Tunisia is, indeed, making great strides in the field of renewable energy development and is planning to produce 12% of electricity from renewable energies by 2020, 22% by 2022 and 30% by 2030, in line with the national strategy.
It is in this context that the Government has set up an ambitious program for the energy mix because of the widening of the energy deficit, from 0.6 million tons in 2010, to 4.2 million tons in 2016, more than 45% of primary energy needs.
And like many economies in the Middle East, North Africa and Turkey, Tunisia confirmed that it would seek to increase foreign investment in the renewable energy sector, as it plans to renew its energy over the next few years.
Soon 5 photovoltaic solar power plant projects
According to data provided on Tuesday, July 23, 2019 by the Ministry of Industry and SMEs to AfricanManager, international operators have expressed great interest in the construction of five solar photovoltaic power plants in the governorates of Tozeur, Sidi Bouzid, Kairouan, Gafsa and Tataouine.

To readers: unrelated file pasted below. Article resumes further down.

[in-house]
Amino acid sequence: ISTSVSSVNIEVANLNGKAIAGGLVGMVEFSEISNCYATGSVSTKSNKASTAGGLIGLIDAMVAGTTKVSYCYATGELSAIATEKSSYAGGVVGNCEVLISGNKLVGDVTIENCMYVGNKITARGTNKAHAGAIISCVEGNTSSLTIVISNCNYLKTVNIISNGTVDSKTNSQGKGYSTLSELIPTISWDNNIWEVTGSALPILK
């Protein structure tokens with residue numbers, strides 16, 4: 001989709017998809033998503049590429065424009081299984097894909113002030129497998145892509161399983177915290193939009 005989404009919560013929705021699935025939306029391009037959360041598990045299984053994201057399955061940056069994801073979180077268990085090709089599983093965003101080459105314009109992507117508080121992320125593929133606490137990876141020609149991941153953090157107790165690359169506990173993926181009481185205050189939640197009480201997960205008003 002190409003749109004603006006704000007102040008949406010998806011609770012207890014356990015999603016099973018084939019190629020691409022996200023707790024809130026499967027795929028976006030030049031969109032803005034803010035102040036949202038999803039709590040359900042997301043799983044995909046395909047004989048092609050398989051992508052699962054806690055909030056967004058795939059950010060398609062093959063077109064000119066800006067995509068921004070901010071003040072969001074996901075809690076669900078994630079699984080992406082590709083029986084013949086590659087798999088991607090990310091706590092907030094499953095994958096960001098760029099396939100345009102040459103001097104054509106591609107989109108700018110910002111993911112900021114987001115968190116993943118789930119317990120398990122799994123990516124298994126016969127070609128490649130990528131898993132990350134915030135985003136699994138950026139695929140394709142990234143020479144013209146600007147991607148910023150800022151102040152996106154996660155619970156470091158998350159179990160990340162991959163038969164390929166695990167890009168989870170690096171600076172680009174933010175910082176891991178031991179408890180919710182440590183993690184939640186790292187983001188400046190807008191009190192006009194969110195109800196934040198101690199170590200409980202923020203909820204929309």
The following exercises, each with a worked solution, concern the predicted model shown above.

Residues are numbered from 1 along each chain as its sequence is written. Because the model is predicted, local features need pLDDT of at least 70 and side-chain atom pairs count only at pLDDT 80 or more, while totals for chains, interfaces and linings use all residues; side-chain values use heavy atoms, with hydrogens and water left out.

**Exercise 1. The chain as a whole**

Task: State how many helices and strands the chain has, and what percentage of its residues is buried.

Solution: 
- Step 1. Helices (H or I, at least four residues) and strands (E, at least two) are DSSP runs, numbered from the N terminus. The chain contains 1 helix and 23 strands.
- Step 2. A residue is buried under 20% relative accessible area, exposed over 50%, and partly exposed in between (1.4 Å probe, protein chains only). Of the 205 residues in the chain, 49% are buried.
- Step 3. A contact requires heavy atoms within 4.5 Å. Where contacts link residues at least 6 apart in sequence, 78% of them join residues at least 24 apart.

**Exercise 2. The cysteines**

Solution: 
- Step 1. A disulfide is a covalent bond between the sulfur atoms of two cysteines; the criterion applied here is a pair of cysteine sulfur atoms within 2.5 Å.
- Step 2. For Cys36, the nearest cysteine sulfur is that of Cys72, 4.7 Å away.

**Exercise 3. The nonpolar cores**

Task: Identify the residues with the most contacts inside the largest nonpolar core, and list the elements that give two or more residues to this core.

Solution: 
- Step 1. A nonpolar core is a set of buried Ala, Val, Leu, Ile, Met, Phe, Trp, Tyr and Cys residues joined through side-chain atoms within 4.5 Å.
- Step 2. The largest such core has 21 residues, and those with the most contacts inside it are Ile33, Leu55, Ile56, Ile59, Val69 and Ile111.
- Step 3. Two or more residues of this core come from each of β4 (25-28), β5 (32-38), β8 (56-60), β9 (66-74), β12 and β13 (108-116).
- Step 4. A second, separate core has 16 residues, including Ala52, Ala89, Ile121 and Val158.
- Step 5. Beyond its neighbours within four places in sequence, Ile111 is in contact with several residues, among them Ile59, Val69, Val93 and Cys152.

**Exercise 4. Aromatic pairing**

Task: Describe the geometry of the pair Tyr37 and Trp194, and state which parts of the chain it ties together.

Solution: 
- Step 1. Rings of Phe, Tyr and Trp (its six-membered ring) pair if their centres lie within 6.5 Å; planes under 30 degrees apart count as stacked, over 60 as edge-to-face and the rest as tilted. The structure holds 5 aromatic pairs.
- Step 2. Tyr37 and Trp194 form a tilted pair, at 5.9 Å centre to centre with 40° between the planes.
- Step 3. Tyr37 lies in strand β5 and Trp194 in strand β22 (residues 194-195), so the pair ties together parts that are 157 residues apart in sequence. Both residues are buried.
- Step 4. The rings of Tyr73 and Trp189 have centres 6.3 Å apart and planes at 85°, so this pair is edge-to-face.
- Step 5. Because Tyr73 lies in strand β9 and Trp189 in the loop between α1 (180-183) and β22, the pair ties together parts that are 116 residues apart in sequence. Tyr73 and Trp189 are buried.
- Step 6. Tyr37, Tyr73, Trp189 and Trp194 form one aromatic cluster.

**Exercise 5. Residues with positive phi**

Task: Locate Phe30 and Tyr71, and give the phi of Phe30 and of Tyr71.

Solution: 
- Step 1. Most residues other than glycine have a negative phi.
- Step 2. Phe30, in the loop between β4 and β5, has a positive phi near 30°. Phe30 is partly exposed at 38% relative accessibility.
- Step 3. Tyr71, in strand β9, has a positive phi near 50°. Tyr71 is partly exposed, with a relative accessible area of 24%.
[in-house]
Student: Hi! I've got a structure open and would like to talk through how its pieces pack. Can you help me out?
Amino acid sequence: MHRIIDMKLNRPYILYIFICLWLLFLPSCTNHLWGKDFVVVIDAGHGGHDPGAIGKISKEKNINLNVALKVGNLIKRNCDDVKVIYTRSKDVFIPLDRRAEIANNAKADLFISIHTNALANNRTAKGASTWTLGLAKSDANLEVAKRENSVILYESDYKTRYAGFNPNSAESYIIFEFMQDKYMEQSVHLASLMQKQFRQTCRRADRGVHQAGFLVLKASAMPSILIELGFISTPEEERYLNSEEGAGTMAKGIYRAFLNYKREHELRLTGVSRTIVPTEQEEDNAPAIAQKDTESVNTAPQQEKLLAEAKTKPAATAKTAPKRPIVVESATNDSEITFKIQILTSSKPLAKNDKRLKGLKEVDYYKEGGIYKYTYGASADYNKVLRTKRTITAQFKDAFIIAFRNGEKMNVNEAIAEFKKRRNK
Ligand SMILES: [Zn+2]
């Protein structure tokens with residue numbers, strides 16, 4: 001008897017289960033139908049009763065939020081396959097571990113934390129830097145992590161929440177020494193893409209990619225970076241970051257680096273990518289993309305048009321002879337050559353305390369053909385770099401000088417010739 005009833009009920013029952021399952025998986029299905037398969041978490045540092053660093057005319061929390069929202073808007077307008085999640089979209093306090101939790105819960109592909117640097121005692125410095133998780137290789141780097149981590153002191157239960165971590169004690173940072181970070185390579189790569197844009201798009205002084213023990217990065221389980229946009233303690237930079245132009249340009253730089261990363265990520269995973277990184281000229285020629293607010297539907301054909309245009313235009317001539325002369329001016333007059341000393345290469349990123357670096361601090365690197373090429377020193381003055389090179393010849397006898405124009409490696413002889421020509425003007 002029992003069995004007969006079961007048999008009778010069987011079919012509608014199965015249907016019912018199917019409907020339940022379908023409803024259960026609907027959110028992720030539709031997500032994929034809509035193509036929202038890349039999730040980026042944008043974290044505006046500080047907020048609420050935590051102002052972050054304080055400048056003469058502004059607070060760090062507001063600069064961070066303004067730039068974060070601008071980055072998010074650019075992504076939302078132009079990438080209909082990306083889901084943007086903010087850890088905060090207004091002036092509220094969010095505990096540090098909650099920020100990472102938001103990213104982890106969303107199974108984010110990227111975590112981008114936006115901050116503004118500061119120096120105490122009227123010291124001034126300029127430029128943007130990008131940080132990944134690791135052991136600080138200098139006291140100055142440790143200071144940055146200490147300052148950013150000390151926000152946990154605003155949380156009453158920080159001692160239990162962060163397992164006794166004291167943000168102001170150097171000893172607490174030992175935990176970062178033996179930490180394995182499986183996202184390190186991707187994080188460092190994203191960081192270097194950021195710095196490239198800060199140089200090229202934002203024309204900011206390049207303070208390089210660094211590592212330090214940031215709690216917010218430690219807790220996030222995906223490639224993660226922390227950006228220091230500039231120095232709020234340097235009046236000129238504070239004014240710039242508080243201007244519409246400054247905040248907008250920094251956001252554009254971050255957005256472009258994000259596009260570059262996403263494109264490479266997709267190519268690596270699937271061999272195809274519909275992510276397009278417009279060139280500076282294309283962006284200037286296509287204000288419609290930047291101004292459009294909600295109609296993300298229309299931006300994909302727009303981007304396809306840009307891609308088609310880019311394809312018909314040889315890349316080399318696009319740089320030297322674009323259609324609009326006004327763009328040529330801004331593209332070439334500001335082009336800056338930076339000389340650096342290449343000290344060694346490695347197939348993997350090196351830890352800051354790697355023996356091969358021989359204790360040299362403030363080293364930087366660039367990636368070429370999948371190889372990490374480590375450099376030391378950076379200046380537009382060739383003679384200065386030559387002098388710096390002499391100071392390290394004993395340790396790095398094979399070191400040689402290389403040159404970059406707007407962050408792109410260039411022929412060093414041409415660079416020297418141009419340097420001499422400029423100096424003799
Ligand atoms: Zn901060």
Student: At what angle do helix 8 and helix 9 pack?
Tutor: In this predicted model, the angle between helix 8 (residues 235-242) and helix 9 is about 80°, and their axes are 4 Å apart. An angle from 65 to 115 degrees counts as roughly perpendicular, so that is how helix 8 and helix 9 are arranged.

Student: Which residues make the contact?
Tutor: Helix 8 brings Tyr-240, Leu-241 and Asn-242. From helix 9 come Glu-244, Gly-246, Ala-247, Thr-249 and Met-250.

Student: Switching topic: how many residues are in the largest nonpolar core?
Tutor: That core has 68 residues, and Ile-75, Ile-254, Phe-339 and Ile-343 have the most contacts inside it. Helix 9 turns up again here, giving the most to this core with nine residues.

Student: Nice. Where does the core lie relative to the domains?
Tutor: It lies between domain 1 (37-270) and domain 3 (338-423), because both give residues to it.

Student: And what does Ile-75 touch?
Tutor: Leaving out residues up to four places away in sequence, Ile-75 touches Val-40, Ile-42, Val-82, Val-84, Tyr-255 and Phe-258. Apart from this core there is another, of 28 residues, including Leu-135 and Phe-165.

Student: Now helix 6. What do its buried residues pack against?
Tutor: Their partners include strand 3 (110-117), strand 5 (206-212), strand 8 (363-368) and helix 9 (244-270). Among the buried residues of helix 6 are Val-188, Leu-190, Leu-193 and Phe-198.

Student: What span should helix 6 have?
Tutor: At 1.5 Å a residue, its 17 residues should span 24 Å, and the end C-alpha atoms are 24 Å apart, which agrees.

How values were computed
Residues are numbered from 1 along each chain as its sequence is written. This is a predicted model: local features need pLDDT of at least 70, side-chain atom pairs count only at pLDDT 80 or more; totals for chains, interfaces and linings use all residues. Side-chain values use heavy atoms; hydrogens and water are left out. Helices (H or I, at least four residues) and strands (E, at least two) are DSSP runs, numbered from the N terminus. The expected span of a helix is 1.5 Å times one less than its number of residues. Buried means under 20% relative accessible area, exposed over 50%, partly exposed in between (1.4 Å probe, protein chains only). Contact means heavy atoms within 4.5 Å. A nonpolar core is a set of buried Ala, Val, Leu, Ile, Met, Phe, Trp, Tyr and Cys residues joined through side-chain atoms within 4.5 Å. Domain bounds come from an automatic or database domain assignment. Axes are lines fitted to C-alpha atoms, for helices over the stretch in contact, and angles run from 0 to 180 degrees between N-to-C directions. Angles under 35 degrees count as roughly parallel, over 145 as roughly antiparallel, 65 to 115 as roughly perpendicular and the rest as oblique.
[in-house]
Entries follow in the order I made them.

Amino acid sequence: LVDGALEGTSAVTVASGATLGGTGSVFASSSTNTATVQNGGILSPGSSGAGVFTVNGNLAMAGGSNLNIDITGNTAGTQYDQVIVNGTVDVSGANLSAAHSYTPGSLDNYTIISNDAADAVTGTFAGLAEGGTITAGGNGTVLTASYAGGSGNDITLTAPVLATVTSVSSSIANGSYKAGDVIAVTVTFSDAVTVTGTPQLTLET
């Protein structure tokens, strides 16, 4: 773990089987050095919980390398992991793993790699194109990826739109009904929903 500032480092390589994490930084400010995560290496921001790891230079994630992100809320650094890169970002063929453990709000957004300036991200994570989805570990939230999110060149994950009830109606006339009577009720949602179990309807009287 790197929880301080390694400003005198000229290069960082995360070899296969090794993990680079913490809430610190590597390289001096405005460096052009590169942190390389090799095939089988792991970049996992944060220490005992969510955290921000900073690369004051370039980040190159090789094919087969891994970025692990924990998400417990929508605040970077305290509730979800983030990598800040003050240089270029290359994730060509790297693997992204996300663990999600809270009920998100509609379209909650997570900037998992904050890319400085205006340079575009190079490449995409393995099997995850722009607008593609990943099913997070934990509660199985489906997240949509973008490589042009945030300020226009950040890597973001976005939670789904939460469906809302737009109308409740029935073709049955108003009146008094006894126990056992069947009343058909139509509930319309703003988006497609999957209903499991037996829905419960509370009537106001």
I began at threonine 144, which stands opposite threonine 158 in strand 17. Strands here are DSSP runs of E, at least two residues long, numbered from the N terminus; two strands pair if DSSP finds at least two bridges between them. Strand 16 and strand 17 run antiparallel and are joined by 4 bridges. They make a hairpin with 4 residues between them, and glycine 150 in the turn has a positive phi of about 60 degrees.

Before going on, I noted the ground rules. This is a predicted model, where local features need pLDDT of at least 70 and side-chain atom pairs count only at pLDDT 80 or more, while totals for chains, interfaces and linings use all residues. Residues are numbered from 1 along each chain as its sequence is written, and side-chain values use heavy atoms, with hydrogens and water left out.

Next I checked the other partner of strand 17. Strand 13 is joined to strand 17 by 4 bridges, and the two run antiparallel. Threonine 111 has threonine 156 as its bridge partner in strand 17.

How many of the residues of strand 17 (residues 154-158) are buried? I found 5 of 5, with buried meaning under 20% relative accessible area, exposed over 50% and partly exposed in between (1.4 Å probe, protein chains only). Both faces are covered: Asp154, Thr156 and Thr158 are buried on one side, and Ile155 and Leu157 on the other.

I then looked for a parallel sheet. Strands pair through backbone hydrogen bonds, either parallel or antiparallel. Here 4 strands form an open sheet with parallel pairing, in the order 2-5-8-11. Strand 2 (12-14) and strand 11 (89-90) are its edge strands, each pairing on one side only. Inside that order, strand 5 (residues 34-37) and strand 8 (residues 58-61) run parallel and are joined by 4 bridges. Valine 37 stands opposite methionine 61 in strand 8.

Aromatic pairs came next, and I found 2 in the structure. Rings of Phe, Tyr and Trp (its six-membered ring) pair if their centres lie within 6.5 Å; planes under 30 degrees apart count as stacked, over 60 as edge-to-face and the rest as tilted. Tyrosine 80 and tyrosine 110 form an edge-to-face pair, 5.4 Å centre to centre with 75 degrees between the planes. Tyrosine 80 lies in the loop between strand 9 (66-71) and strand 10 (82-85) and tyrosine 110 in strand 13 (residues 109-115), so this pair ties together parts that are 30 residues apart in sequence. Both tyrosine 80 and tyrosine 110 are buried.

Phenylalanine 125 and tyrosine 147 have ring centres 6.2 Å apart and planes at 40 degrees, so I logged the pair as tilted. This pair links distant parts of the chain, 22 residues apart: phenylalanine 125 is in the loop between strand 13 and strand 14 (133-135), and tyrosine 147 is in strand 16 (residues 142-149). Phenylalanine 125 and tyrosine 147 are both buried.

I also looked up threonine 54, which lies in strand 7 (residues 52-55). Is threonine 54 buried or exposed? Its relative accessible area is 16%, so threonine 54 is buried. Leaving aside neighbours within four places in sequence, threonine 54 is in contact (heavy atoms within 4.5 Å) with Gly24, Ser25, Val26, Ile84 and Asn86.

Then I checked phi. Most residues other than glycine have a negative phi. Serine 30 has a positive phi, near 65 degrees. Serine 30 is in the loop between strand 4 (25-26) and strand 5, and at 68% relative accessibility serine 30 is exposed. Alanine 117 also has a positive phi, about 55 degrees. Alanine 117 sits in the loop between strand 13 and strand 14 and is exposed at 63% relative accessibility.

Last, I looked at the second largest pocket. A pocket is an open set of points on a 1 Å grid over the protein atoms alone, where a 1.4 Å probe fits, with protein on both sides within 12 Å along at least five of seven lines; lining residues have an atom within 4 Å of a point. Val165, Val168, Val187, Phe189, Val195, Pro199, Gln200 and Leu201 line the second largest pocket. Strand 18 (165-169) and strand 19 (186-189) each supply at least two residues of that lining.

These are concession projects for the production of 500 megawatts of electricity from renewable energies (solar photovoltaic), production planned by Tunisia as part of its solar plan and its strategy to promote green energy. The production rates offered as part of the financial offers collected vary between 71.8 and 84.1 millimes kilowatt per hour.
The pricing proposed by the Norwegian company Scatec, for the realization of the solar PV plant of Tataouine, with a capacity of 200 megawatts (71.8 millimes per kilowatt hour) “is the lowest on the African scale and among the best international pricing”.
According to the same source, these tariffs will reduce the costs of electricity production nationwide and reduce natural gas imports by 5%.
These projects, which cost 1,200 million dinars, will start operating in 2021.
Renewable energies in Tunisia represent only 3% of energy production despite the great potential that this sector presents to cover the needs of the country and even to export. This rate could be increased to 30% in 2030.
The energy transition in Tunisia remains an imperative necessity imposed by climate change and economic requirements, not to mention the opportunities that investment in this field provides in terms of employability, as it is the case in Morocco and Italy.